Nurses Are Good at Giving Flu Vaccines, Bad at Getting Them
So what's a hospital to do? I saw one solution during a recent visit to a rehab center. A handful of employees were wearing surgical masks as they went about their work day. These employees weren't sick or necessarily caring for people who were sick. They were wearing masks because they hadn't gotten a flu shot.
They were part of a new policy requiring employees who'd opted not to get a flu vaccine to wear a mask while at work, even when they were feeling healthy. Those who had received the vaccine were identified by a dot on their employee badge. Notices about this new policy were posted around the hospital.
As the mother of a young patient, I want healthcare workers to get flu shots. But I wondered whether the masks were more of a public shaming technique—the vaccine version of a scarlet letter—than a real protection mechanism.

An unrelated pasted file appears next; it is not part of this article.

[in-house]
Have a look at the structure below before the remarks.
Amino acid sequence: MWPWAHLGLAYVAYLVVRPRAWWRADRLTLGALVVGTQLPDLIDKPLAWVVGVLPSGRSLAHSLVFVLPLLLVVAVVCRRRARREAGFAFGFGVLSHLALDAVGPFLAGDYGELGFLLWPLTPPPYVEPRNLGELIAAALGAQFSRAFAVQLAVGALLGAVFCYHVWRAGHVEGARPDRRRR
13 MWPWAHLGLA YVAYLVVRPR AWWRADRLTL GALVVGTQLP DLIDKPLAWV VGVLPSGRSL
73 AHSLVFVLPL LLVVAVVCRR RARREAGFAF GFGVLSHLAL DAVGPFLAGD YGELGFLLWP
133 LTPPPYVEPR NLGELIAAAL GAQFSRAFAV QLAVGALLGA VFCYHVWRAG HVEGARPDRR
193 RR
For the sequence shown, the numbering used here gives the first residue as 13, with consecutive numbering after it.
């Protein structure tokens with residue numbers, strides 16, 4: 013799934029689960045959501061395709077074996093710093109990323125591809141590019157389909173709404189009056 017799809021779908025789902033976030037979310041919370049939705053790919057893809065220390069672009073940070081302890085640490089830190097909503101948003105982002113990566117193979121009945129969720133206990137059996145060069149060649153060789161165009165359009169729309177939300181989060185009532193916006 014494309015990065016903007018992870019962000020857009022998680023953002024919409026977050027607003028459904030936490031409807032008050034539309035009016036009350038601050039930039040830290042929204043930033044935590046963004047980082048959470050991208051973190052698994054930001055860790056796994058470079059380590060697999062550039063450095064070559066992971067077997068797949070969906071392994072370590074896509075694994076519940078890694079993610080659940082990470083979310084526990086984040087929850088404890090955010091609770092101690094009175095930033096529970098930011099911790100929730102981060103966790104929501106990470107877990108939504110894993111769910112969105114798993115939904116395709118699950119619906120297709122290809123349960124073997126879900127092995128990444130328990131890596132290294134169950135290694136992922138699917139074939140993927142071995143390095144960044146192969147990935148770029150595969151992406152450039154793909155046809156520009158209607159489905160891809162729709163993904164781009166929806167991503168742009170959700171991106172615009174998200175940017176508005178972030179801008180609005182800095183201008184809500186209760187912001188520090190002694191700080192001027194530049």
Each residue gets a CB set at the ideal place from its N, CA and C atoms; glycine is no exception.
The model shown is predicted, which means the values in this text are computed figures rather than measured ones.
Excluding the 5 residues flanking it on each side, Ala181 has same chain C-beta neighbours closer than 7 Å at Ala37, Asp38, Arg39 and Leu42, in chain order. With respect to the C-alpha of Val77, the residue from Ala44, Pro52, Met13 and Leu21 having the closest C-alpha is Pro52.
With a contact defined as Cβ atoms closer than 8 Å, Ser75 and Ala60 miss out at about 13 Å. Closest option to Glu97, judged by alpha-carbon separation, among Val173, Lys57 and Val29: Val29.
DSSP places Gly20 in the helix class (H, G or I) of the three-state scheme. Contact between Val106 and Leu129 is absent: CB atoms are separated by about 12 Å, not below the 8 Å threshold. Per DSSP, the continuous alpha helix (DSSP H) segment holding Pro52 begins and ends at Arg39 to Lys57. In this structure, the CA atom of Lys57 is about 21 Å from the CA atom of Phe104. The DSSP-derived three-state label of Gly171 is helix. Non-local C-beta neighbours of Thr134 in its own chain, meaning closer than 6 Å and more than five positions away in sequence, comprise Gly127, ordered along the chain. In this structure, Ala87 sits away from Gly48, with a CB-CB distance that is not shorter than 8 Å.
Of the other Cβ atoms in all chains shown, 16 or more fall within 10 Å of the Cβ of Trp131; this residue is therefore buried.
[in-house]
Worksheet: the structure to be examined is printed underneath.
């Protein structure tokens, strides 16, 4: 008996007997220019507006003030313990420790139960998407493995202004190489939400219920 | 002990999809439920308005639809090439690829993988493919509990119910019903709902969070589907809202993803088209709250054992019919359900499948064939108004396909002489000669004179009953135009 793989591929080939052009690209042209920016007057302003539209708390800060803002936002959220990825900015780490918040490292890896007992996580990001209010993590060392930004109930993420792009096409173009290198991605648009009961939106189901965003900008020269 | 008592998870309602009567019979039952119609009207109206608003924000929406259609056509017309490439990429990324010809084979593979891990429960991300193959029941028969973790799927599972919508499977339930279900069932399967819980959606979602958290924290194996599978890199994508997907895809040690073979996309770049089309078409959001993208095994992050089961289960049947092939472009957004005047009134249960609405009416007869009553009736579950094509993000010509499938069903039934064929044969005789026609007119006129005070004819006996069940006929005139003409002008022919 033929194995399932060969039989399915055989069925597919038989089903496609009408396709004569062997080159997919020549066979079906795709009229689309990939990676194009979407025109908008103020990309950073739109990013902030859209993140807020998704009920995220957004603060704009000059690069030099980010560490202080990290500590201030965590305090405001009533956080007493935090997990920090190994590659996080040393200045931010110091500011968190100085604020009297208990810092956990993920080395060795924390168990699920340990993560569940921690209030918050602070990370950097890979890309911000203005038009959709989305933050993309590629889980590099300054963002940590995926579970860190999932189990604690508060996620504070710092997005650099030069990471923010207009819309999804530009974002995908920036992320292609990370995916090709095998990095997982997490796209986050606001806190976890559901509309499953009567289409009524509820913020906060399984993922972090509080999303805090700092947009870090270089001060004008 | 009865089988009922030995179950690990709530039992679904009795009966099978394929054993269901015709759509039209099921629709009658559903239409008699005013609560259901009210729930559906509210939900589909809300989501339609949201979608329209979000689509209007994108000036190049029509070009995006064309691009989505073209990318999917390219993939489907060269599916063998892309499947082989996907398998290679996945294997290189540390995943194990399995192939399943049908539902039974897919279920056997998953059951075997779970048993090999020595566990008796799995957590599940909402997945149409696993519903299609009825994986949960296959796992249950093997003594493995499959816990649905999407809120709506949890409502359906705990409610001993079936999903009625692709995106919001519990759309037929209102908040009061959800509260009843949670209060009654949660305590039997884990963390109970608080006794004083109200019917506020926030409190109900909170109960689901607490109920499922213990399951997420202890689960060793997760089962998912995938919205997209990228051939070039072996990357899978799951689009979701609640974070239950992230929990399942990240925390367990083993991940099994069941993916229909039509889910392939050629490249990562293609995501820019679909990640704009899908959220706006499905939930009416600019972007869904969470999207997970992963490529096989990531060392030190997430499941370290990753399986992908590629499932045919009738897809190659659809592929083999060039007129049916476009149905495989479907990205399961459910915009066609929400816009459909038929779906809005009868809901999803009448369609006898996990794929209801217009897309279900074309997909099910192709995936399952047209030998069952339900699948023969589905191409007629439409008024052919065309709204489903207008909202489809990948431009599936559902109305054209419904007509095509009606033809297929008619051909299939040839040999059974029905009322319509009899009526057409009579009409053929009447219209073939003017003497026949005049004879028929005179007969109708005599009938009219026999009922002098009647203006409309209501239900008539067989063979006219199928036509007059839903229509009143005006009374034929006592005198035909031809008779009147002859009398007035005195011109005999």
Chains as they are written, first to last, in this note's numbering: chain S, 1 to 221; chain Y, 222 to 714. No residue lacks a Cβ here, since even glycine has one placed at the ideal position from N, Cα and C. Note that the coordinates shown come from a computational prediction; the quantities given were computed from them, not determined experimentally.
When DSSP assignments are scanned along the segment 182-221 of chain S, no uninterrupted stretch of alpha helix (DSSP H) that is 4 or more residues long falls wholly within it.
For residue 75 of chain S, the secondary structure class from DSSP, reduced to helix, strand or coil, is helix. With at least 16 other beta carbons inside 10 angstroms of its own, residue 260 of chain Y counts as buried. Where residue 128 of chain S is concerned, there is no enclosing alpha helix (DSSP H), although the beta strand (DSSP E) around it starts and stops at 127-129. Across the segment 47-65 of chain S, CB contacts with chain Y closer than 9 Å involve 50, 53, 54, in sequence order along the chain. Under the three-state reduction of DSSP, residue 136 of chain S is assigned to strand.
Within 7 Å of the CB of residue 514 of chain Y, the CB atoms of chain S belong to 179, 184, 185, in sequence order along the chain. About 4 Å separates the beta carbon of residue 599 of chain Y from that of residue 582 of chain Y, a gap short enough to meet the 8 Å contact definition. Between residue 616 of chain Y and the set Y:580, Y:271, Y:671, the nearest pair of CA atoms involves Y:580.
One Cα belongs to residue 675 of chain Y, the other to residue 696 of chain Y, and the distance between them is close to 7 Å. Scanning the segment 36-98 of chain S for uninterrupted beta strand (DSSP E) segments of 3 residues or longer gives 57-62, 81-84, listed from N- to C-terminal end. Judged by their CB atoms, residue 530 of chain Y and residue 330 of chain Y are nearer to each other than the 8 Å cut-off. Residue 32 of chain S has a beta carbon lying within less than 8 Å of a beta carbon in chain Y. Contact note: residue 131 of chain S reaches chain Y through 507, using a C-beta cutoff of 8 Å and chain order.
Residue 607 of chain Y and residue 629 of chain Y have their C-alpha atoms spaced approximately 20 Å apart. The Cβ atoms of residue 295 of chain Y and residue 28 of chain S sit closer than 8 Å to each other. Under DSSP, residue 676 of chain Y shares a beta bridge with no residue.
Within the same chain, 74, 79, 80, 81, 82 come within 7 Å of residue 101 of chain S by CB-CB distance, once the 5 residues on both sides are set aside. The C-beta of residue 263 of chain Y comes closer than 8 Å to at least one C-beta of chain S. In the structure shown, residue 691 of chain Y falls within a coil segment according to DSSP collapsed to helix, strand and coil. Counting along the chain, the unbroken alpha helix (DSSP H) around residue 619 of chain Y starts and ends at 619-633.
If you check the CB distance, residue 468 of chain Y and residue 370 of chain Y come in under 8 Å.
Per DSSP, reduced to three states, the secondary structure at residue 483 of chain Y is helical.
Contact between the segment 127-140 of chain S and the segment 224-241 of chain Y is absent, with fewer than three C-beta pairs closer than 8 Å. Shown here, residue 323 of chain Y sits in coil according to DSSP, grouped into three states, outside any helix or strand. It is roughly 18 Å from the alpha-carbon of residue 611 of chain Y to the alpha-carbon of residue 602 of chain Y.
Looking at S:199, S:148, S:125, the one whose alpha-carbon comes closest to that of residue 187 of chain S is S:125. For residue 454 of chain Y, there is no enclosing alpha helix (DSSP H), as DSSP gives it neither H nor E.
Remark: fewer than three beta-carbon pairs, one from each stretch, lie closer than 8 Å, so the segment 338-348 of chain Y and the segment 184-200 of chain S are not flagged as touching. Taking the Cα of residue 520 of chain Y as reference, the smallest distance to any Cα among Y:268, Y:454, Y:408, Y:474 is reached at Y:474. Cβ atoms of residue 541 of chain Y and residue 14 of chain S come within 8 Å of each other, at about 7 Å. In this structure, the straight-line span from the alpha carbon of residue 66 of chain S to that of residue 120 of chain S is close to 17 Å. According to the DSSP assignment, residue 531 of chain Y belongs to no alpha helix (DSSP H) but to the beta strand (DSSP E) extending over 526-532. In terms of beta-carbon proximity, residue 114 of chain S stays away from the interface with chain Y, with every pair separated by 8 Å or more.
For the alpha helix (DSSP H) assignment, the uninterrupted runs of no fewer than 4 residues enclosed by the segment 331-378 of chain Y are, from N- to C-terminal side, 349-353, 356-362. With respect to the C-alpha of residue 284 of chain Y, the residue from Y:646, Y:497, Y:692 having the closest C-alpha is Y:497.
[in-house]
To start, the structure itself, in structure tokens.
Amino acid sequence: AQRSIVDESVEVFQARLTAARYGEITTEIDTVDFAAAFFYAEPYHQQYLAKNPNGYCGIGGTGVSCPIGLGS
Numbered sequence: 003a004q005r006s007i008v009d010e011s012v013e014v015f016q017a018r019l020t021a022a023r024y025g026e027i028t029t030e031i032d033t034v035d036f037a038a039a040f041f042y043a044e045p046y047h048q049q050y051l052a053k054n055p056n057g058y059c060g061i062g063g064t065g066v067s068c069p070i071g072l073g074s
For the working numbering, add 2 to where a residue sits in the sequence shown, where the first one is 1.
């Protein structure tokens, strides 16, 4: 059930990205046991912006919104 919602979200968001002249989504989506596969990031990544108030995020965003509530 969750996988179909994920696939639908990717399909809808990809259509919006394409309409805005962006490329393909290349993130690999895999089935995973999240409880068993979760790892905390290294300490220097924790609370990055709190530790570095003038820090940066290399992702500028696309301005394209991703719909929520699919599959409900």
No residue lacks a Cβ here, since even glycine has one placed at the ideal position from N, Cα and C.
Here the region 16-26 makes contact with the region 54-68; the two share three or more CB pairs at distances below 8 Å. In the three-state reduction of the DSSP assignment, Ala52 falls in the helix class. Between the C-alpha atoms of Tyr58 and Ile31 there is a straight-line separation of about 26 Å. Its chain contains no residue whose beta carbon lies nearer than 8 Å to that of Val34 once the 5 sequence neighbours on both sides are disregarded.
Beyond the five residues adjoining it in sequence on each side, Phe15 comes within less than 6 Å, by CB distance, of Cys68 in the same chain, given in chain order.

On my next visit, I didn't see any employees wearing the masks. Either the new policy had quickly fizzled out, or the vaccine holdouts had buckled and decided that getting a flu shot was better than the hassle of spending the next five months wearing a mask. Are there better solutions to the problem of non-vaccinated healthcare workers? Please share your thoughts with me and your fellow readers.
Alexandra Wilson Pecci is a managing editor for HealthLeaders Media.
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